Caretaker (middle ages)

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In the Middle Ages, a keeper was a kind of burgrave or bailiff who was responsible for the administration and defense of a castle or a monastery . In Bavaria there was also the designation “care commissioner” who, if necessary, represented a carer (in the sense of “provisional carer”).

In the late Middle Ages , the nurse developed into a public official with administrative and legal tasks. In the Old Kingdom, i.e. H. in the Holy Roman Empire of the German Nation until its dissolution in 1806, a parish or a main team formed the lowest administrative level. In the Rhineland, larger parishes were sometimes divided into honnships . Several parishes were each united to a nursing office, in the Rhineland Pflege . At its head there was usually a nurse or a nursing administrator who, as an administrative and supervisory officer, looked after public order and security and logged contracts.

In Tyrol and Salzburg , nurses have been employed as royal officials of the nursing courts as well as administrators of aristocratic landowners since the late Middle Ages .

The nurses were often recruited from the lower landed gentry ( feudal bearers ). Sometimes there were also nurses who had risen from the peasant class to the civil service.

In the past, the sovereign exercised the functions of the legislature (he gave orders); On his behalf, the nurse embodied the other two functions in one part of the country, e.g. B. the size of a current district . The keeper thus exercised the offices of today's district administrator and magistrate in personal union (in Austria-Hungary this existed until 1918).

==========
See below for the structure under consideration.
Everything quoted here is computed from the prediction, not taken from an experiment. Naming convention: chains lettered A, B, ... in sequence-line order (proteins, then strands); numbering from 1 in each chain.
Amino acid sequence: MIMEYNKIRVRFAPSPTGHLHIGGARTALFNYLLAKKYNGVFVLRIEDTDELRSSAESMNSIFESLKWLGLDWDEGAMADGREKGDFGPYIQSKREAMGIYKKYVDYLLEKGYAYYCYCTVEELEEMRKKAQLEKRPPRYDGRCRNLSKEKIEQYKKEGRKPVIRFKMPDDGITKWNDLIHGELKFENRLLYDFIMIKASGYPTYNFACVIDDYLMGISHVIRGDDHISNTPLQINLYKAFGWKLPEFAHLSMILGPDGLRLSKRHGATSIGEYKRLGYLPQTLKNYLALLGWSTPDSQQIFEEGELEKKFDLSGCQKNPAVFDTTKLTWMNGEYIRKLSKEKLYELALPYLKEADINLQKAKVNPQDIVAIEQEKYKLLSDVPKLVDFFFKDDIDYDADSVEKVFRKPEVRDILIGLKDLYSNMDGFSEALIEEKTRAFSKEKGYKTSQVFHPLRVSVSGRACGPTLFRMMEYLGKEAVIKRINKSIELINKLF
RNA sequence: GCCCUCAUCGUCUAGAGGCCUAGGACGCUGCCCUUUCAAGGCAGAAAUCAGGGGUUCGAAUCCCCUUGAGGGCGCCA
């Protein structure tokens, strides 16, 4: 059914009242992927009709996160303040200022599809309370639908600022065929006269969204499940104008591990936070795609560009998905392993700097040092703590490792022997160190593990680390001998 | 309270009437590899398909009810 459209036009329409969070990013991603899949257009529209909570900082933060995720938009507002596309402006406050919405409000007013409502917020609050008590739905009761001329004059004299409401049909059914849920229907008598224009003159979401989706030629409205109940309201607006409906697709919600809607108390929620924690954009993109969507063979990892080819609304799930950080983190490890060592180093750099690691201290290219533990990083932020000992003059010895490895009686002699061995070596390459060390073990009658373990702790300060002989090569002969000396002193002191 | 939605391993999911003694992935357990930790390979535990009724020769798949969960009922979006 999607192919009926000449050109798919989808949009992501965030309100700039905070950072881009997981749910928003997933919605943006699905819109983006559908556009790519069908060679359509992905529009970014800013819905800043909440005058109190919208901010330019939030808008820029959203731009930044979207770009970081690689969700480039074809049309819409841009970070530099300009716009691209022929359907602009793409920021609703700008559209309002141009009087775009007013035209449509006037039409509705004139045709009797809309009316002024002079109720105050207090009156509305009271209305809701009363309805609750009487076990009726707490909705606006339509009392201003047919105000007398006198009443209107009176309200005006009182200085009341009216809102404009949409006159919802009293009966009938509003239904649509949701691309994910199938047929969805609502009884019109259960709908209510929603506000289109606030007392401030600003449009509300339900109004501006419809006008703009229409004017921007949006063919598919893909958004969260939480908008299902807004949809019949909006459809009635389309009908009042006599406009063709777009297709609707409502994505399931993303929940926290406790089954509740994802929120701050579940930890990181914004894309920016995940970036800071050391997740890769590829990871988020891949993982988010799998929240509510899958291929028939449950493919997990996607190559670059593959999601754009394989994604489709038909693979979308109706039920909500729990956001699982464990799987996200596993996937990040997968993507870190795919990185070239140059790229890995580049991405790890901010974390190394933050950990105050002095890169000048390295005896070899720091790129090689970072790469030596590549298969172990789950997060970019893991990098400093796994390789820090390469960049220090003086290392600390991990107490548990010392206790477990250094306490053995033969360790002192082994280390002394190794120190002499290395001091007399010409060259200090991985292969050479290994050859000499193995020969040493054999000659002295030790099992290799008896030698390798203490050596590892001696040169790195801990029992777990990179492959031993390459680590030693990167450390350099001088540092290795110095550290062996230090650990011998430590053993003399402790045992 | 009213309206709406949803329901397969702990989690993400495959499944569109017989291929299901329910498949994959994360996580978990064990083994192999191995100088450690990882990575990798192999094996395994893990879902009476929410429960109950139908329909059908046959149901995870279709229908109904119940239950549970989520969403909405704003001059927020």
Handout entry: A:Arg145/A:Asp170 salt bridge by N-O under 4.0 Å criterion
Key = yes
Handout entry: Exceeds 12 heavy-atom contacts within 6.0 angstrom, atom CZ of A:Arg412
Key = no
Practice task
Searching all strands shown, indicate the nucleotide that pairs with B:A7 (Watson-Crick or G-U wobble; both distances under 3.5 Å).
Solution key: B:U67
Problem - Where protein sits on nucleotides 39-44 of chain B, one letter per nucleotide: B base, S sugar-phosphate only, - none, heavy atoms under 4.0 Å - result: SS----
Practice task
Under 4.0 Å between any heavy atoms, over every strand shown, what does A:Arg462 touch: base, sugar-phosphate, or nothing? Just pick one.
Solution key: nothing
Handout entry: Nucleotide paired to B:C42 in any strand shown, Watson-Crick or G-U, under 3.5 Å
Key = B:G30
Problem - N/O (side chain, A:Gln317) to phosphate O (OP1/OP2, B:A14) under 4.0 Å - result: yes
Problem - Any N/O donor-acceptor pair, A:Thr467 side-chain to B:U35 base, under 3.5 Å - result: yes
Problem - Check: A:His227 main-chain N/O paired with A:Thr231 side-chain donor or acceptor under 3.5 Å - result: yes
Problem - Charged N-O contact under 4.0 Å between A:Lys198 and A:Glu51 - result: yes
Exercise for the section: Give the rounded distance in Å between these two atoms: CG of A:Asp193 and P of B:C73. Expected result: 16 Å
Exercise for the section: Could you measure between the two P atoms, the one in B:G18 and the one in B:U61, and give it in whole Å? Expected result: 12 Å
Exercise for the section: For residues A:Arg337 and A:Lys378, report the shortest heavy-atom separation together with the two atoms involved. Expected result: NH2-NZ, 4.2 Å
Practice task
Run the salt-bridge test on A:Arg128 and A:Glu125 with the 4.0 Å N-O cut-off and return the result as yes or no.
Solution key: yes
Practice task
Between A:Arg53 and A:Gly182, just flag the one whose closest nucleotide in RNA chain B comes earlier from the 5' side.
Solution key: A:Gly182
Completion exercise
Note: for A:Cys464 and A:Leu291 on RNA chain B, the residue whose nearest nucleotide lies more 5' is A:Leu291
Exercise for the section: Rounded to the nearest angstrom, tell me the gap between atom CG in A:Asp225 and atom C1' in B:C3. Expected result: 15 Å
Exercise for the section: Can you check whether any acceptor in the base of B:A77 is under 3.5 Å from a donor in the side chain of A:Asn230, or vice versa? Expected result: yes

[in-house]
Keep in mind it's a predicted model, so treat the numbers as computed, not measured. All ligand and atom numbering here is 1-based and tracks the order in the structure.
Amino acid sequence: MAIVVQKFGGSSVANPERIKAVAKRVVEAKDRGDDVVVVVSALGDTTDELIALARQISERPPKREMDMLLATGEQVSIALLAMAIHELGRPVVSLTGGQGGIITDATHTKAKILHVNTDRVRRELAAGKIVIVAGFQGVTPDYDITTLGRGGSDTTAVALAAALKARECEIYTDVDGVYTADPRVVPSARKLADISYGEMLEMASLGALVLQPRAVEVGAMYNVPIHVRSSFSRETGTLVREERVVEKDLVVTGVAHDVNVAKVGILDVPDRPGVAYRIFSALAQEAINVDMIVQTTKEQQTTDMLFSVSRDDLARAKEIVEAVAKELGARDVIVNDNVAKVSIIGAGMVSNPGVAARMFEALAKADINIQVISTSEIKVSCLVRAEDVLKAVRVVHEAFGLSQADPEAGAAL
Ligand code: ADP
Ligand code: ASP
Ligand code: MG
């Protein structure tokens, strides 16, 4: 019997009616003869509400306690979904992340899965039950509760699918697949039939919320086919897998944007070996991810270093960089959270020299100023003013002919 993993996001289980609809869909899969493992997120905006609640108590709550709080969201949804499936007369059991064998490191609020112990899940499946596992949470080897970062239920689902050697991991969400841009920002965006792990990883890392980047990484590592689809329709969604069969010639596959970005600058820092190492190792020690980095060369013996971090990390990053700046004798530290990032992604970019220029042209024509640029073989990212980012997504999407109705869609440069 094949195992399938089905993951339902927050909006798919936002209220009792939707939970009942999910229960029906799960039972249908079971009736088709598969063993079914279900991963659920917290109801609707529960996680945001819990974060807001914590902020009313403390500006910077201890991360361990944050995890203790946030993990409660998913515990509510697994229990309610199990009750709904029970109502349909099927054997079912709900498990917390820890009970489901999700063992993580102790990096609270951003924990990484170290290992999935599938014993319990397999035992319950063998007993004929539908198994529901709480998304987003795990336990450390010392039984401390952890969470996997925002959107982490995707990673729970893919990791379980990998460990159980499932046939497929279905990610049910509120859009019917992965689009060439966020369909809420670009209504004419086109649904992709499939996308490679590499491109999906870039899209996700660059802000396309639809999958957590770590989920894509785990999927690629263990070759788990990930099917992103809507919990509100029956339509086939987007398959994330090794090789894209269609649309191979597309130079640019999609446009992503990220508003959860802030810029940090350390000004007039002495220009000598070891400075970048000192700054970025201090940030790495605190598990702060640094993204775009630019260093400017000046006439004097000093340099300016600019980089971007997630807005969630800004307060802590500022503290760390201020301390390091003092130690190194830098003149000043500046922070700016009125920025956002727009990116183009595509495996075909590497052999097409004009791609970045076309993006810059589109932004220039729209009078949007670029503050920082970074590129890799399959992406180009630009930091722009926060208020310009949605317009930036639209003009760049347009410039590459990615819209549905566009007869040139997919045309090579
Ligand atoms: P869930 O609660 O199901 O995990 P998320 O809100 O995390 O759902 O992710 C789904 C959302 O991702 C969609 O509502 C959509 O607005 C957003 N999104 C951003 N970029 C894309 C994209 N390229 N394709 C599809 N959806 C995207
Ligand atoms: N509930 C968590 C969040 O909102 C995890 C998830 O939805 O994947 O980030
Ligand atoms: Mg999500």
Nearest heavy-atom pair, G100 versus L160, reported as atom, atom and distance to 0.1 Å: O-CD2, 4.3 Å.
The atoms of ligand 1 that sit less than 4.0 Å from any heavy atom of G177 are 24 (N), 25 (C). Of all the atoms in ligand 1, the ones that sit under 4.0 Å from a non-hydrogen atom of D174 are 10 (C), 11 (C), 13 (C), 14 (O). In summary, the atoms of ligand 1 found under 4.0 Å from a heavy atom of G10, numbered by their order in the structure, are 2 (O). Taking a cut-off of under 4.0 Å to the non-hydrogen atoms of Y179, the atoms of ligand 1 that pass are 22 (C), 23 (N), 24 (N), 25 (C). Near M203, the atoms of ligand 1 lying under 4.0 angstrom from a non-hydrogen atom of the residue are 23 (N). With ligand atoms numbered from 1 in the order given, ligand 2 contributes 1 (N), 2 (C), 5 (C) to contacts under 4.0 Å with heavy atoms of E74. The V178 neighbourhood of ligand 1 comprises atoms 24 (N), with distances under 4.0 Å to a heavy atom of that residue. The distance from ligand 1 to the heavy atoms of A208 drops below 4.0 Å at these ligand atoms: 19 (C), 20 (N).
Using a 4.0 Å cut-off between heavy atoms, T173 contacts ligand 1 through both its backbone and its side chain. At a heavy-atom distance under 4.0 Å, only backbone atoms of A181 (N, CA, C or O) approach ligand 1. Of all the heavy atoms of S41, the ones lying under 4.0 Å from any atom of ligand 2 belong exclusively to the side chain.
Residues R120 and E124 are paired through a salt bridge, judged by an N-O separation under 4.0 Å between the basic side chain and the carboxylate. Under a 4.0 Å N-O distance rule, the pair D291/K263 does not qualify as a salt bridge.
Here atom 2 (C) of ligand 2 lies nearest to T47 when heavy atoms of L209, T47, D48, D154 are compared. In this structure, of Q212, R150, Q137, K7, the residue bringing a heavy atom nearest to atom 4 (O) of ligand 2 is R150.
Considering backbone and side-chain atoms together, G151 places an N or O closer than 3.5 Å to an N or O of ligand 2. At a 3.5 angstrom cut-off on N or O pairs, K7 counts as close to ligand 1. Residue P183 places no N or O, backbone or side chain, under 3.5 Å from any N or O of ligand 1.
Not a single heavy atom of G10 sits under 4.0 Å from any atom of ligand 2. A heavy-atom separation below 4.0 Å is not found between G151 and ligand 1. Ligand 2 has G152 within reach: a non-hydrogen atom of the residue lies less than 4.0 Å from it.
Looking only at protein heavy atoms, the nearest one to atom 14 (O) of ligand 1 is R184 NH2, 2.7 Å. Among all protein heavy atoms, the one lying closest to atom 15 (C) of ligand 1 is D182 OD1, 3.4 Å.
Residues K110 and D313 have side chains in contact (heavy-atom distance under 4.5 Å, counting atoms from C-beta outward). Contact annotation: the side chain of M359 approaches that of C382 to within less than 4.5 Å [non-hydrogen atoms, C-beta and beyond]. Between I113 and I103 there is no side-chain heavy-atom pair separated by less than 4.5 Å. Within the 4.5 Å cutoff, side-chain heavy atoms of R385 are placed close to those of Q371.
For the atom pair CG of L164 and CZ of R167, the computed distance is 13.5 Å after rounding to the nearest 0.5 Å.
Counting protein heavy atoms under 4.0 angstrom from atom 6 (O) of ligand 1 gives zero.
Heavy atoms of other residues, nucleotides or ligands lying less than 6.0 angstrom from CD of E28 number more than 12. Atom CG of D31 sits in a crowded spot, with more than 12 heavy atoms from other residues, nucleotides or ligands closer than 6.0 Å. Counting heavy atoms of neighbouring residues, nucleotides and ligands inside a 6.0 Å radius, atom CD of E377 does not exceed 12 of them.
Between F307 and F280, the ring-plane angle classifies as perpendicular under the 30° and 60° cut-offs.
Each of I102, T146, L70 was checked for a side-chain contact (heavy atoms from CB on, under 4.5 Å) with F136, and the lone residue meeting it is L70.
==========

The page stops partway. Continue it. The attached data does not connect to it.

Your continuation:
Pfleger was the designation of the head of an "office" in the administrative hierarchy of the Teutonic Order . The area of ​​the order was divided into commanderies , which in turn consisted of offices. The nurse was basically a knight and the highest administrative officer of the office. At the central place of the office there was always an order castle where the caretaker had his official seat.

Martin Luther translated the function of the Roman “ governorPublius Sulpicius Quirinius in the province of Syria as “Landpfleger” (“... but it happened at the time of Emperor Augustus, ... because Cyrenius was a governor in Syria ...”). Apparently in his day he could assume that everyone was familiar with the functions of a governor.


Web links

  • Marcus Schmöger: Carer . In: The coats of arms and flags of the district of Erding (Upper Bavaria) , glossary
  • Castle directory